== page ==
Microscope of the sky

Alan Jones

I would imagine that at some point in most microscopists’ lives they like me have discovered the fascination of all types of optics, resulting in the comparison of microscopes and telescopes. After all, they both set out to allow us by magnification to look inward, and outward. As a young man growing up in the forties and fifties at a time of post-war rationing, everything from food to general building supplies was strictly controlled and expensive. I often dreamed of owning a telescope, but on my weekly wage of £2/10/0 there was no likelihood of purchasing one. Although a keen microscopic idea always in the back of my mind was to explore the heavens.

My opportunity came in 1986 at the age of forty when I had some limited disposable income. With this I teamed up with a friend who owned a potter’s wheel. Having acquired suitable glass blanks, I decided the simplest type to build would be a Dobsonian Reflecting Telescope which uses mirrors as opposed to convex and concave lenses. Great, I was now on my way to complete the childhood dream. I ordered a mirror grinding kit that came complete with a mirror grinding tool, lots of different grades of grinding grits and powders (carborundum) and pitch. Whilst not too difficult to achieve the configuration and depth of the concave, it was extremely time consuming working on the Pyrex blank. Luckily the 25 mm diagonal blank needed no preparation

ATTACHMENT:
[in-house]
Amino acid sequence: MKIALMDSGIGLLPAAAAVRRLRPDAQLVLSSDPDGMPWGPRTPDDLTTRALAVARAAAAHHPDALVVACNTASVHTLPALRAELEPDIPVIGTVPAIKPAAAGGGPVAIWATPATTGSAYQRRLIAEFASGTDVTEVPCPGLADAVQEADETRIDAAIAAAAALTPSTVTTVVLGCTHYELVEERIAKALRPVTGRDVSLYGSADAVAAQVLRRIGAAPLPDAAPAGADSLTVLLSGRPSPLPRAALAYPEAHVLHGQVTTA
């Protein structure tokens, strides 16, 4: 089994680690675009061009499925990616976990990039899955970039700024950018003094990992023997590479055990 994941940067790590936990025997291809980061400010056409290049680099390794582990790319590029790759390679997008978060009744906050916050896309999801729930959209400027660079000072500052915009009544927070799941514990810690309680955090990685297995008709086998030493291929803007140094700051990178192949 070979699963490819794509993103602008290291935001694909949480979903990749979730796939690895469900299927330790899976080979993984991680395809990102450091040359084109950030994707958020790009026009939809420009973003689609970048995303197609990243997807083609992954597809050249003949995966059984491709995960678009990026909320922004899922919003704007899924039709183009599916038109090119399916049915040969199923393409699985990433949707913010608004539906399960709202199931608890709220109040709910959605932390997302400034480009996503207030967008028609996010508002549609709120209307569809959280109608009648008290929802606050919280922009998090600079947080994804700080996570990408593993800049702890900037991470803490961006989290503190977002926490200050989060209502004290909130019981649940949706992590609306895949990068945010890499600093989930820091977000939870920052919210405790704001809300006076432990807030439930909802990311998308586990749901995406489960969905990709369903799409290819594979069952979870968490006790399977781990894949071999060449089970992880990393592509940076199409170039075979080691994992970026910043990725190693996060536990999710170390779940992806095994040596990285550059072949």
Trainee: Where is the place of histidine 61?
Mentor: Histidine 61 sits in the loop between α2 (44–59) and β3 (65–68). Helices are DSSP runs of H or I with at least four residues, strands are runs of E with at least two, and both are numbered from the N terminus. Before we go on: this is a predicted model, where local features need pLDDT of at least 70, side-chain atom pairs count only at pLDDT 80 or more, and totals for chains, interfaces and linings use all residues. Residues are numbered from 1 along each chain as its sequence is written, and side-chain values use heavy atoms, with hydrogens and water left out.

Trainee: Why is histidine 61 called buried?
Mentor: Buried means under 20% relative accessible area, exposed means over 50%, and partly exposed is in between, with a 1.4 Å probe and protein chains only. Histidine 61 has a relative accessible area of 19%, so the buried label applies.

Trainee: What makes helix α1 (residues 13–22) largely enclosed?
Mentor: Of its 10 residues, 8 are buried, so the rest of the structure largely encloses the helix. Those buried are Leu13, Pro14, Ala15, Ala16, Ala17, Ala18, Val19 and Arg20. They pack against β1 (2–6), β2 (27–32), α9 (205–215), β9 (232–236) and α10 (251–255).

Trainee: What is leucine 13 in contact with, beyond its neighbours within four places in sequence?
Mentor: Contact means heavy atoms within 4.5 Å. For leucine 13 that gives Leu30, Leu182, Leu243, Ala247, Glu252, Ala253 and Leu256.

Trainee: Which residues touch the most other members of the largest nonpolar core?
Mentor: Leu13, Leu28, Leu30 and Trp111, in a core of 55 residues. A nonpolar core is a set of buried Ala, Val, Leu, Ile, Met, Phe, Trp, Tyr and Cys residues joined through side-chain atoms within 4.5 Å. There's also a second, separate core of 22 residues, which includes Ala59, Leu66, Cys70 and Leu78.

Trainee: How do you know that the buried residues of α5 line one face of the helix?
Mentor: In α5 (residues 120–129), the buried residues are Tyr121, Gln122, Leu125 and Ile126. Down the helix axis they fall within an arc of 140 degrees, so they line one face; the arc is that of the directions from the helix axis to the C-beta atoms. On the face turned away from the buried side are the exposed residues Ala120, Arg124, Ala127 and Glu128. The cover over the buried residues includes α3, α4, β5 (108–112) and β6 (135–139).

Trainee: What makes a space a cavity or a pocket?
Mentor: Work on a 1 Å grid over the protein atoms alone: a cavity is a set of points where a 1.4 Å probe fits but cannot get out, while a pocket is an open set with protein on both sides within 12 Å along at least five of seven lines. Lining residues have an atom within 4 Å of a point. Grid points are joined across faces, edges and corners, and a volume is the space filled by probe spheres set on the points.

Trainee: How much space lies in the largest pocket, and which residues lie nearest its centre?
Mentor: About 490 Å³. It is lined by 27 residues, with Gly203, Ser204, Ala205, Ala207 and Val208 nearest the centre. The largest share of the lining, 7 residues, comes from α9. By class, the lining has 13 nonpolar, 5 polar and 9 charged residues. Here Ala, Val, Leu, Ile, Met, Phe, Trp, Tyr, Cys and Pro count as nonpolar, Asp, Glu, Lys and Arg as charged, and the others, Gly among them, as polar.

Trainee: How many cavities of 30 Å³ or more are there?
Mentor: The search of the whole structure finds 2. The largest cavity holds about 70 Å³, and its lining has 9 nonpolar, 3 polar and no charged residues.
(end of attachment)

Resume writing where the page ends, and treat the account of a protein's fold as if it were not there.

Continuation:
Work, family, finances all new priorities came into play. However, over several months working at the potter’s wheel I completed the careful grinding of the 10 in diameter 11 in focal length concave mirror, and the 25 mm flat.

10″ diameter mirror10 in diameter mirror

25 mm diagonal flat25 mm diagonal flat

That completed, I sent the mirrors off for silvering, and on their return placed them in a packing box and that is where they remained for the next 34 years. Having moved to Scotland some 25 years ago and still working in my mid seventies leaving the dream of making my telescope lost in the work ethic to continue earning a living in the tourism industry.


Now informed of the site where I worked had to close, and having got over the initial shock, it was time to look for a positive outcome. Bingo: my unmade telescope of some 50 years now seemed to be a possible achievable venture. Where to start?

The build

The simplest and cheapest type of telescope to build would be what became known as the people’s telescope named after the American inventor John Dobson. The telescope design now called a Dobsonian.

Fig. 1 The basic designFig. 1 The basic design

Due to the lockdown the only materials available to me were whatever I had laying around the garden, shed, and home that could be recycled. The first thing to do was to draw a life-size plan. This would require a large and long sheet of paper, coming to the rescue was an unused roll of wallpaper. Simply by drawing a 10 in vertical line at one edge, then taking the centre point and extending a horizontal line out 4 ft (or 1022 mm) approx. Finally connecting the top and bottom of the 10 in (or 250 mm) vertical line out towards the end of the horizontal line would give you the path of the image and determine where the eyepiece would need to be positioned.